The approach of winter in the midwest means that teams are making plans for what they will do once the colder weather arrives. Traditionally the options have been limited; teams played indoor (arena style) soccer and held their practices at the indoor facilities or in school gymnasiums.

In the last 5-10 years more options have become available. Now teams can play Futsal, Indoor Soccer, Small-Sided Touchline Soccer or continue to practice and play outdoor on artificial turf fields. There are positive and negative aspects to each option.

Futsal is the only form of indoor soccer that is recognized by FIFA. For those that are unfamiliar with it, the game is usually played on basketball sized court with goals that are the same dimensions as those used in team hanball (6 x 9). When the ball goes out of bounds, play is restarted with a kick-in from the side line or a goal throw by the goalkeeper (or corner kick) for balls that travel over the end line. Adults use a size four ball while younger players use a size three. The ball is also different from an outdoor ball in that it is designed to bounce less.

The game is known for quick passing and tight ball control so it’s a great tool for teaching technique. But it’s also an excellent format for coaching tactics because it is played with four field players and a goalkeeper. The 4v4 game is recognized as the best format for small-sided games because it provides all of the tactical elements of full sided game while providing the players with more touches and opportunities to make decisions.

The game of Indoor Soccer or Arena Soccer first appeared in the US in the in the late 70’s and combines aspects of soccer and hockey. The field is surrounded by boards up to eight feet high and the goals are set into the walls at each end of the field. The game is played with a regular soccer ball and includes five or six field players and a goalkeeper. Field sizes vary greatly and can be anywhere from 210×80 feet down to 155×60 feet. They generally use artificial turf for their playing surface.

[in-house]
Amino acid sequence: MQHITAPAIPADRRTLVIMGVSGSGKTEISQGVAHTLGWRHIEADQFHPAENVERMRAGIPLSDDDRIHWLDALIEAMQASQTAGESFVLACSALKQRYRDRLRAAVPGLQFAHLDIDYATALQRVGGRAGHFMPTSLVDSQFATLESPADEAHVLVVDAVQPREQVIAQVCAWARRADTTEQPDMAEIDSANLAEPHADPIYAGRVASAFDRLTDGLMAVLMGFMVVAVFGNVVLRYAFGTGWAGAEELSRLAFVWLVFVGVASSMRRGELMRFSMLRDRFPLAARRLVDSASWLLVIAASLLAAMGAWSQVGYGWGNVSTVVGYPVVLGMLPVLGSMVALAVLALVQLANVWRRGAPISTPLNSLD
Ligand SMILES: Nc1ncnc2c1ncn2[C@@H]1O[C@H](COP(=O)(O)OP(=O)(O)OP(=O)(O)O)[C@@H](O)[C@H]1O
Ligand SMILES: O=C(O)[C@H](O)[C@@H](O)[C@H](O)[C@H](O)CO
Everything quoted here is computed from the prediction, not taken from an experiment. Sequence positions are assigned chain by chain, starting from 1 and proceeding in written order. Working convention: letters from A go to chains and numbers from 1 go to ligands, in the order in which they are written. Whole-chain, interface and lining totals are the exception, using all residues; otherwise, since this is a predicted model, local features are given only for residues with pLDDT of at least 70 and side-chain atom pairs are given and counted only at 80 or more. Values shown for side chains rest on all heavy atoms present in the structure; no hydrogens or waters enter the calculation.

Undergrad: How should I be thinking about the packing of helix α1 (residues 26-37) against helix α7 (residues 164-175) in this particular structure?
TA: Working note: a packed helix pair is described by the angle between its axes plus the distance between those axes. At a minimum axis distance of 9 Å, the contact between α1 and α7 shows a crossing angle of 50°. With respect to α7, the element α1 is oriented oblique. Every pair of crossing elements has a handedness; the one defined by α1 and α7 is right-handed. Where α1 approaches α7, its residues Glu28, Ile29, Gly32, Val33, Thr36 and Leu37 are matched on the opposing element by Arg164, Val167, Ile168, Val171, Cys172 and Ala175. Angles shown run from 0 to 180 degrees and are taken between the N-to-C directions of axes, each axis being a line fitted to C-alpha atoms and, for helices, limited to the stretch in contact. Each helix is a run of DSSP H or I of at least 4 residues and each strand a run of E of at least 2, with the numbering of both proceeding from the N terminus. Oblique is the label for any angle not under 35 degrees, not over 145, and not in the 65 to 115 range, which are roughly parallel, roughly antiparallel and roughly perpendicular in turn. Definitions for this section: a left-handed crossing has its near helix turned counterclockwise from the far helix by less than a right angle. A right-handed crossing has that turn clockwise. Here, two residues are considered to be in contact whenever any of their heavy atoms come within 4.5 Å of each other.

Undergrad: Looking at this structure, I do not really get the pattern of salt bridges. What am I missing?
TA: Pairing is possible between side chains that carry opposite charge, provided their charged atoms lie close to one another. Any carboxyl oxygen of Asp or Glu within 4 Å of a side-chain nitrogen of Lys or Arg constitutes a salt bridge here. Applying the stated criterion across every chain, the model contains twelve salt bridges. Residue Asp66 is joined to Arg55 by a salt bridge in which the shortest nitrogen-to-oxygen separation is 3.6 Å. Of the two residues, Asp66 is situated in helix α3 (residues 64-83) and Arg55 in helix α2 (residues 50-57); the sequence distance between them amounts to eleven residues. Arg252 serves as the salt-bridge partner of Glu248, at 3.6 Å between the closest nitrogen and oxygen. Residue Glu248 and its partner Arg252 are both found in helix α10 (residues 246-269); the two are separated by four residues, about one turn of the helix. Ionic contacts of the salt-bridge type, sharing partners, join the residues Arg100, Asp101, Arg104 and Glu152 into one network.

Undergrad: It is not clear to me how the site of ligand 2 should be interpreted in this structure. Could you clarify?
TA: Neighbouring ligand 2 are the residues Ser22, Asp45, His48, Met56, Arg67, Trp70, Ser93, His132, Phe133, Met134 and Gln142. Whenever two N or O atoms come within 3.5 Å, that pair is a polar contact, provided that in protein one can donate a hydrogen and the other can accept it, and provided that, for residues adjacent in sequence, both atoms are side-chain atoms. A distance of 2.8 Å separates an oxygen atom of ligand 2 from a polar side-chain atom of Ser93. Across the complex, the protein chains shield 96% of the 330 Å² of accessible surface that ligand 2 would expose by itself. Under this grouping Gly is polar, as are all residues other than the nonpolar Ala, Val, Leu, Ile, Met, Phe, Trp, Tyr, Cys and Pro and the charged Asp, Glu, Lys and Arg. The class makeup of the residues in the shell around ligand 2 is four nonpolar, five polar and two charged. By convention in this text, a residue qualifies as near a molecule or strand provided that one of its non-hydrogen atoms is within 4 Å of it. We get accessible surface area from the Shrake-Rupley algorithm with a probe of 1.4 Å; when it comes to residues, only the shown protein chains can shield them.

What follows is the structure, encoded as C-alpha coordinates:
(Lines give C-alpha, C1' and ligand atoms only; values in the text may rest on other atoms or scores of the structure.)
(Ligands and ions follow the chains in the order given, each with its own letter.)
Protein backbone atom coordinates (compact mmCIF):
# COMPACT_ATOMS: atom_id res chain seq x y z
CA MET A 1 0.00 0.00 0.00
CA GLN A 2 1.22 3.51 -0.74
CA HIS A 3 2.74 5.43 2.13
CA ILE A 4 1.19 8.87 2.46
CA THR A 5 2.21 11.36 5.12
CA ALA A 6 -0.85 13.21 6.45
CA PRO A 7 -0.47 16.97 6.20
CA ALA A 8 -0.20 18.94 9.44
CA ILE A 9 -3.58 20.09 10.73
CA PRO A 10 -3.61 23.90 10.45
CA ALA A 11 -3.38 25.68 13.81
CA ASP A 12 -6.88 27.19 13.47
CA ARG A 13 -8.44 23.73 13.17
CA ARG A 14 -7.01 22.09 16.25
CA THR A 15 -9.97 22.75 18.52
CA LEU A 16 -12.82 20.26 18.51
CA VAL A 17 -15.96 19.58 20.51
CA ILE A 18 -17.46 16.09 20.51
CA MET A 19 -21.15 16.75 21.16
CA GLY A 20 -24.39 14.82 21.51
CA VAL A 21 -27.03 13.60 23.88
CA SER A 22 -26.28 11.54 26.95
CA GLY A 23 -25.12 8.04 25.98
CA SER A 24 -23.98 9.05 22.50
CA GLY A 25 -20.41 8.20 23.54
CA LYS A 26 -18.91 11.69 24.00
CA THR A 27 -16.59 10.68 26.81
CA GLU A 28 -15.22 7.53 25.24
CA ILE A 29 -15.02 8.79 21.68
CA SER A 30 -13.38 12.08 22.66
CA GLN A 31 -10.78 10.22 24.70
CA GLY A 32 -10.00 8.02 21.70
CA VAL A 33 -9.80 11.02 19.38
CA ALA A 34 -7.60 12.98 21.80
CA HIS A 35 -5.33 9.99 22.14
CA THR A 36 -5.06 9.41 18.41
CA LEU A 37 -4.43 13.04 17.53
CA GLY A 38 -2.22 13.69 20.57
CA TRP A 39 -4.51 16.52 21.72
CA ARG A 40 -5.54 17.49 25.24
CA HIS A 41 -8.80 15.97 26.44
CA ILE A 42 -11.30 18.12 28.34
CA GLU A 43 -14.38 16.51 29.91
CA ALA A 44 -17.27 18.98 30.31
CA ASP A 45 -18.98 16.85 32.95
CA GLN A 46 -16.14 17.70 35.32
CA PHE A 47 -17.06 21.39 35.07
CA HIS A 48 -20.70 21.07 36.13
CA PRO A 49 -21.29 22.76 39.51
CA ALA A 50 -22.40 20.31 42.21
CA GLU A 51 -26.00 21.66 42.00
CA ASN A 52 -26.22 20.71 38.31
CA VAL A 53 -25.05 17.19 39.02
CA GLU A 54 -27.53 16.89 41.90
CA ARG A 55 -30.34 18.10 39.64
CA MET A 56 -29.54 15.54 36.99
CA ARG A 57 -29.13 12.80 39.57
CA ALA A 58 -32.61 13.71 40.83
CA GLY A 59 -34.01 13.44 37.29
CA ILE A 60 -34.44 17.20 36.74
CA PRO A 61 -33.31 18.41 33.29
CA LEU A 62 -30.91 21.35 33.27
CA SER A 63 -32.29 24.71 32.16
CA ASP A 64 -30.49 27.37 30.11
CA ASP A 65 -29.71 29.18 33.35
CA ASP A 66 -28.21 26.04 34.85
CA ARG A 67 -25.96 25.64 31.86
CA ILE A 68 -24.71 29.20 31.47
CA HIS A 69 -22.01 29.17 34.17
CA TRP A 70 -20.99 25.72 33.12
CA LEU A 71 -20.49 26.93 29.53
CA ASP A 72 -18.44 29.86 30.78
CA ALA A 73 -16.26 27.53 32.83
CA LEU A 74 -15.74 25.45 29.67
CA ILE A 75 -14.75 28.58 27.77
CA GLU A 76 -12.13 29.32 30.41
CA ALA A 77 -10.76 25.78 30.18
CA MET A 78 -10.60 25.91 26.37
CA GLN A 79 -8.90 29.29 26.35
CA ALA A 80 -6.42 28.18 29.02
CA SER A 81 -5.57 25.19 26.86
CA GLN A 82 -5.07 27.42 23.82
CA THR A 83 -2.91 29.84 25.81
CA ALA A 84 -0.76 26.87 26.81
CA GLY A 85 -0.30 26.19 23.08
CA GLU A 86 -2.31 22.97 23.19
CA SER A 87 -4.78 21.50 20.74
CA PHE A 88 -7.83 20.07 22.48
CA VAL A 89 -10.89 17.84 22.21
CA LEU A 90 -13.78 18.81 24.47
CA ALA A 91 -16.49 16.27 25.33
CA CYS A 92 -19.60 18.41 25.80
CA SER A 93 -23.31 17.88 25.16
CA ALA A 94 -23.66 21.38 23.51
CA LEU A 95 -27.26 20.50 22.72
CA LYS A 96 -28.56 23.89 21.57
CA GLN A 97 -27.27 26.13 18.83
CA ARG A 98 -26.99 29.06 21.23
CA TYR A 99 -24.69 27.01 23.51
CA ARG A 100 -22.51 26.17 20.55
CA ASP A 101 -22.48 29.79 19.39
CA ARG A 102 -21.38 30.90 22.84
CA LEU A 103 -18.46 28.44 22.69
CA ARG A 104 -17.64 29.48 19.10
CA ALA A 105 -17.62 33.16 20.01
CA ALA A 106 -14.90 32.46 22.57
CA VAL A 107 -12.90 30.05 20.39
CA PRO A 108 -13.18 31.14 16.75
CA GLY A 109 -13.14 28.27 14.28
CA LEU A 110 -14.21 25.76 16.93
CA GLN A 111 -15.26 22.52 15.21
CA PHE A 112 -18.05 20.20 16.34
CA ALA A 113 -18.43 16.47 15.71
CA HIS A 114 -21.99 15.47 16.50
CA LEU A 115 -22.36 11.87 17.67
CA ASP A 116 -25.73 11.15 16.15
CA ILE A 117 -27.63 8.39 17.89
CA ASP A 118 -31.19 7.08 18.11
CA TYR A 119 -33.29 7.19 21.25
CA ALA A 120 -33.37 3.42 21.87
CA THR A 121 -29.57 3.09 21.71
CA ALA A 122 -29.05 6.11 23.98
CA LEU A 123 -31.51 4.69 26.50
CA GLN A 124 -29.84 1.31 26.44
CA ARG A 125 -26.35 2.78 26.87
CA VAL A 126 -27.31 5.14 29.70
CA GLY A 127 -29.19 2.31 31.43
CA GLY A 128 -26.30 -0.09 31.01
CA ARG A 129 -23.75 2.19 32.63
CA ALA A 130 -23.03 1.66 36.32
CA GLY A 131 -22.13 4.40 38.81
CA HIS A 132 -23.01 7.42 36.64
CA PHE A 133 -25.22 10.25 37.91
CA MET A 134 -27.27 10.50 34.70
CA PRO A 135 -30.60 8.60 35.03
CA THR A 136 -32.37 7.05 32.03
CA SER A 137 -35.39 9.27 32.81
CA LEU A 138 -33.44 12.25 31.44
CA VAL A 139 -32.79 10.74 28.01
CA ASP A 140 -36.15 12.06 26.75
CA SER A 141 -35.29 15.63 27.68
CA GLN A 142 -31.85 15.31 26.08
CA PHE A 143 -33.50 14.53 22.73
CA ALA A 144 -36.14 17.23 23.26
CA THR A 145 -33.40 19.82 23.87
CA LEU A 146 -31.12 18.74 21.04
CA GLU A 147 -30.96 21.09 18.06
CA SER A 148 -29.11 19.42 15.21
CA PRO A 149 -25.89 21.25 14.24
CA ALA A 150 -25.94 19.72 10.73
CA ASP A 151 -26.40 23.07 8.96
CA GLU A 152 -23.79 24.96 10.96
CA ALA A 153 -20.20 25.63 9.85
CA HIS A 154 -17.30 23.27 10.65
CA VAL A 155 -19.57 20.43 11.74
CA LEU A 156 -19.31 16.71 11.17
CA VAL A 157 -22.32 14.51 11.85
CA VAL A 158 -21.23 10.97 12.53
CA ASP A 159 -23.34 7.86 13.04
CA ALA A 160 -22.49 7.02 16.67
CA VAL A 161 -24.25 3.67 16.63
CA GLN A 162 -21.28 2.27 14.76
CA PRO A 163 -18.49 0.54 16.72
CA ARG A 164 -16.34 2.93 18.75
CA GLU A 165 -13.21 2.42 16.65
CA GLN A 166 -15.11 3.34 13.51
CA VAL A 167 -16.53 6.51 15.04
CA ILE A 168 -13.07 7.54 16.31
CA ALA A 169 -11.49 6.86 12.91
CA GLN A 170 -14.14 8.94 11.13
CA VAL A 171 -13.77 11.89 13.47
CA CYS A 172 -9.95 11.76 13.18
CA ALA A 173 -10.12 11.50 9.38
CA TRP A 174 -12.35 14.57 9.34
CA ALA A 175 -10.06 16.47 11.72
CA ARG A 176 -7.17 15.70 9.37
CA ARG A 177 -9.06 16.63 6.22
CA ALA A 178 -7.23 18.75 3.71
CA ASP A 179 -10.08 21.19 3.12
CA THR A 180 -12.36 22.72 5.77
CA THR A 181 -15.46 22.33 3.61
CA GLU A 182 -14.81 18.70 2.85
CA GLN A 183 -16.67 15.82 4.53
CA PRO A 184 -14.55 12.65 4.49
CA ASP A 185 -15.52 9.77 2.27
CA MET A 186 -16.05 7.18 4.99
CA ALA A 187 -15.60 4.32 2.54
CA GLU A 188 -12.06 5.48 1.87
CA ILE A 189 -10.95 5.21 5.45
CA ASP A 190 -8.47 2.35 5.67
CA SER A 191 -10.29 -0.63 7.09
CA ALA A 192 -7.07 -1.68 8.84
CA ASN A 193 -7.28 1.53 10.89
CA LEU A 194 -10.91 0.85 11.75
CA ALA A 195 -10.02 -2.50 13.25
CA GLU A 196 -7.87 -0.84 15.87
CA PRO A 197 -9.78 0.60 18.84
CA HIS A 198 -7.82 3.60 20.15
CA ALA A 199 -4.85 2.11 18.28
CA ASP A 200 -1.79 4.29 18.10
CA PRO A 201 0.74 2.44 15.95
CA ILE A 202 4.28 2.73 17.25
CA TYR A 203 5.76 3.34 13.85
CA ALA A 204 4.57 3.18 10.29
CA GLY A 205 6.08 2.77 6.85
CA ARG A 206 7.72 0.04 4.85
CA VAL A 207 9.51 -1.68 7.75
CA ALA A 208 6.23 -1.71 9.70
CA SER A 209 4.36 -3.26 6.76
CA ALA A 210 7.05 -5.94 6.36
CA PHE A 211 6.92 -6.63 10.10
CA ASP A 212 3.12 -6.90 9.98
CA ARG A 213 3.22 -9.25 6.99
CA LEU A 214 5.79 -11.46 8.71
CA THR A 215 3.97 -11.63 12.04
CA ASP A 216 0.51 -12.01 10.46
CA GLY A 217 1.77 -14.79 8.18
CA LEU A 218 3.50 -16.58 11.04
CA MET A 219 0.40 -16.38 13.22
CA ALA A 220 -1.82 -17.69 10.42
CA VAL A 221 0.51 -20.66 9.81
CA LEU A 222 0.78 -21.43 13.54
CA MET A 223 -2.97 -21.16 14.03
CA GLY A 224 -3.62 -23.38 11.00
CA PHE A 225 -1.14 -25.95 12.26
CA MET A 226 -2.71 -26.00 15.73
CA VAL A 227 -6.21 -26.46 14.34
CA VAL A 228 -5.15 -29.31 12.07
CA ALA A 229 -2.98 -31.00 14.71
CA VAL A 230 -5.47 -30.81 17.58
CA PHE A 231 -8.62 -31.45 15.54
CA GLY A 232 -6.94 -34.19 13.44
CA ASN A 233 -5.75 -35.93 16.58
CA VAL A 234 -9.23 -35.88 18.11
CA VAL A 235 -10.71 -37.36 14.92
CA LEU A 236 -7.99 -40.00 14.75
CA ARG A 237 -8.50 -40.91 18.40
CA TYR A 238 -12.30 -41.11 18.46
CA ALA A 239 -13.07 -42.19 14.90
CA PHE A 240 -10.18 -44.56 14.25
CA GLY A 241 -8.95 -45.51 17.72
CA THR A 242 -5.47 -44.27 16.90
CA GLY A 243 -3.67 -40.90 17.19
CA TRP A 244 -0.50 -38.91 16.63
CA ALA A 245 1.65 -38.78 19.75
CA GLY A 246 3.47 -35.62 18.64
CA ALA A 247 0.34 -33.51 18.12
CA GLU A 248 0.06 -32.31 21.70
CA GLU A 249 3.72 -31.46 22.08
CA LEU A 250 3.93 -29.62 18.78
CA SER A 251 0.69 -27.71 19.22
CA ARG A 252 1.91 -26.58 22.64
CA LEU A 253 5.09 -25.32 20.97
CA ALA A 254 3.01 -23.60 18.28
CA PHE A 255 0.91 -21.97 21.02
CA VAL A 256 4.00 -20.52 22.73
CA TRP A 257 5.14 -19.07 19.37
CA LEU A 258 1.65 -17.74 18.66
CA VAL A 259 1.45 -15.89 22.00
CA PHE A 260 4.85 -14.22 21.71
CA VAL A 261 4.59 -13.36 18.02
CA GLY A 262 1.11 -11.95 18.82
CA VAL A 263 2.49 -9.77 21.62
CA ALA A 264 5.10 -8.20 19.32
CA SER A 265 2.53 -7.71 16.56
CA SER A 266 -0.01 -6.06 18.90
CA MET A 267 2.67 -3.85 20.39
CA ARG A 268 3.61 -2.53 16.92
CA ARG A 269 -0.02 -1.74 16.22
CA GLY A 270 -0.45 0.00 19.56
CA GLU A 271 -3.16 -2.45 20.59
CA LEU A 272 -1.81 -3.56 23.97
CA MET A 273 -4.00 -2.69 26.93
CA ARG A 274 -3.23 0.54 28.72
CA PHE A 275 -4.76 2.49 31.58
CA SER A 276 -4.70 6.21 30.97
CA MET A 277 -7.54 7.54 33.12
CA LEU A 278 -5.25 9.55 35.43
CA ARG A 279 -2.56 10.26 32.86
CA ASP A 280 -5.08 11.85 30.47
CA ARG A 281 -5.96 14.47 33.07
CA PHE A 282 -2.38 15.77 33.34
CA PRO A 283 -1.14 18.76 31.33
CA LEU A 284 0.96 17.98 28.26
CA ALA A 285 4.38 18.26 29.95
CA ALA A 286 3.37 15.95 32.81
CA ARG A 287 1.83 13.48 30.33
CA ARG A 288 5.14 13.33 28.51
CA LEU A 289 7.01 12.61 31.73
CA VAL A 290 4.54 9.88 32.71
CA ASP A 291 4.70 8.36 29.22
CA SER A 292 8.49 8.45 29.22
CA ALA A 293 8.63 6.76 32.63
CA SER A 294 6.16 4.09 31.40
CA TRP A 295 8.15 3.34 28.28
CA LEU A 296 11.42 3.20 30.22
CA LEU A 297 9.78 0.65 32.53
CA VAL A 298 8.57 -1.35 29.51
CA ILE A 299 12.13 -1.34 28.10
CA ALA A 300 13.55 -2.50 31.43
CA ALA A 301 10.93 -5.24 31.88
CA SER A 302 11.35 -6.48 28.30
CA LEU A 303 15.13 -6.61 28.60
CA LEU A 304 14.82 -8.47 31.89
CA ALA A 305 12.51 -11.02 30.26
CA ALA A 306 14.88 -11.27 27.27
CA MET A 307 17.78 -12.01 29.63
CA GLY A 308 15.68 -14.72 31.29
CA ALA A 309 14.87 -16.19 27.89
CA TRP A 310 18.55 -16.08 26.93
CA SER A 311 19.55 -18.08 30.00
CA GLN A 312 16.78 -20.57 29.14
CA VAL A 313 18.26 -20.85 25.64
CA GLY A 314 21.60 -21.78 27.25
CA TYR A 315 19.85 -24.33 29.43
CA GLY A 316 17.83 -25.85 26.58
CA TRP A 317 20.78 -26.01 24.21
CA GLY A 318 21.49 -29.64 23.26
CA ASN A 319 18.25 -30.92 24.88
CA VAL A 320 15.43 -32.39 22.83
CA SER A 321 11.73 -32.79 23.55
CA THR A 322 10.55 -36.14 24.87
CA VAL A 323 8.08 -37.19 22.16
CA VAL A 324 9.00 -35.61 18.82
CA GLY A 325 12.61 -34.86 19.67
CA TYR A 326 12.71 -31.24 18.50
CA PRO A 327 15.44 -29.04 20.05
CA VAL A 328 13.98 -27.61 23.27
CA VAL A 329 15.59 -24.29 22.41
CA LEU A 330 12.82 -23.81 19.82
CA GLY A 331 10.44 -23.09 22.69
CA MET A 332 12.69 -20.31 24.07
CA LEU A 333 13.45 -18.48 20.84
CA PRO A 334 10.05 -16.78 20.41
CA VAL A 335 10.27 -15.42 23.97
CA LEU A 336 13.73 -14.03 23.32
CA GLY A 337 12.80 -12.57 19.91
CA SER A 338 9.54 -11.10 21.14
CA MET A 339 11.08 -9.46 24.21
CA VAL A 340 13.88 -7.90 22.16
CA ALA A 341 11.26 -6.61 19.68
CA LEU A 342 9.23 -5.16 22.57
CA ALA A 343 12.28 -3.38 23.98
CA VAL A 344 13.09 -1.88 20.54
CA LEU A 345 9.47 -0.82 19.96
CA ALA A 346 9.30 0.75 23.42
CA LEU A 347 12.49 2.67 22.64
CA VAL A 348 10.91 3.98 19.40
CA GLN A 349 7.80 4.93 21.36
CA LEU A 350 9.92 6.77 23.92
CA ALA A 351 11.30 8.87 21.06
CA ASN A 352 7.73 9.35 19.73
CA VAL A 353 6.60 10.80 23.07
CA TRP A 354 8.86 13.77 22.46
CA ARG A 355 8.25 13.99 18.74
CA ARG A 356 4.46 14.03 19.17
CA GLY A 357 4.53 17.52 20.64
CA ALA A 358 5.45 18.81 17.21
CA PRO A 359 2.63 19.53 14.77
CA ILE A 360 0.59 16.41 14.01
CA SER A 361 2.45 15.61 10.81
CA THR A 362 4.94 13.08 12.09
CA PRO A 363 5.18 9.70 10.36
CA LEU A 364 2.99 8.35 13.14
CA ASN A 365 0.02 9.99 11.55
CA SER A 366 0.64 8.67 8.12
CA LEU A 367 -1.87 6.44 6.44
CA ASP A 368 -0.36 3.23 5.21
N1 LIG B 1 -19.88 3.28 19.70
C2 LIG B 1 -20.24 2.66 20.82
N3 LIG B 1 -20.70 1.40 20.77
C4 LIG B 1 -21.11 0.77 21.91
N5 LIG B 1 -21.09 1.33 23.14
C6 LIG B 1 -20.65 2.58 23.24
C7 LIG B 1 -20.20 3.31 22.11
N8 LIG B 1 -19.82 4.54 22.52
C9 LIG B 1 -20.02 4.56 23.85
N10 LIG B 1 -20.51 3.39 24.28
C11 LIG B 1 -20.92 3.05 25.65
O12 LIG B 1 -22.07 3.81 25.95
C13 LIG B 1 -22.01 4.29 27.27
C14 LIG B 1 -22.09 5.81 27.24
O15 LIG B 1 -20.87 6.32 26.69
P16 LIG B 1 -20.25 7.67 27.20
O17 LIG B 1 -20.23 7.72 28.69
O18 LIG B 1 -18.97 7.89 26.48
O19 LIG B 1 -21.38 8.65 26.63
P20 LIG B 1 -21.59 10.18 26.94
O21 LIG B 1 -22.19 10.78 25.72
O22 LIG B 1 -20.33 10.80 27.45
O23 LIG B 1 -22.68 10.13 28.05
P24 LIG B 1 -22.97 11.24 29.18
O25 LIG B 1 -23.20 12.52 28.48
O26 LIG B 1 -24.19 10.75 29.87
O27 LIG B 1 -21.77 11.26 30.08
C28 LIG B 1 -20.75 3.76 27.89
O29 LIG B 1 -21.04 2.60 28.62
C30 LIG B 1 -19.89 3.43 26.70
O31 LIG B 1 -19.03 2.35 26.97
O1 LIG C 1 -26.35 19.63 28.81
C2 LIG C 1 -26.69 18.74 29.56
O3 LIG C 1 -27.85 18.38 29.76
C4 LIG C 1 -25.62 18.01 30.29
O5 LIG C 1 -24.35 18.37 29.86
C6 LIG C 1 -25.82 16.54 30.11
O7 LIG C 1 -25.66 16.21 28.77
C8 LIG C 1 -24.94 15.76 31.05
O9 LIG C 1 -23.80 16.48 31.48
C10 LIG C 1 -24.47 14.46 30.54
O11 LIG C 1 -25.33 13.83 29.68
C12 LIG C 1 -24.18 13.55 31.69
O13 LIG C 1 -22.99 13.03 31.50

This is a very fast form of soccer where the ball is almost always in play because of the high walls. Even when it leaves the field, it is quickly put back into play because there is usually a net that surrounds the area above the boards and extends to the ceiling. It is the speed of the game that most appeals to both the players and the spectators.

Small-Sided Touch Line Soccer combines aspects of Futsal and Arena Soccer. It’s played on a turf field that is usually smaller than an Arena field but uses lines rather than walls for the boundaries. The size of the teams varies generally it is played as five or six-a-side.

This is the indoor game that most resembles a mini version of the outdoor game and that is why it is the preference of many coaches and players.

Continuing to play outdoor throughout the winter is an option that is favored by more teams as they begin to play 11v11 because it allows them to continue their normal training routine.

Advocates of one style or another list the benefits of their choice while bemoaning the shortcomings of the others. Personally, I feel there is something to be gained from each of these games. In my opinion even older players benefit from playing a game other than the regular outdoor game for part of the year because it demands different things from them both technically and tactically. There is also something to be said for a change being as good as a rest.

This winter my teams will practice one week indoor on a Futsal court and outdoor on artificial turf the next week. We will play an eight games season of Futsal as well as an eight game season of Arena Soccer along with the occasional outdoor scrimmage with other teams from out club.

We will also take a couple of weeks off around the holidays to take a break from the game completely.

I feel that this will give us the best of all possible worlds.

As always, I’m interested in your opinion and what you will be doing with your teams this winter.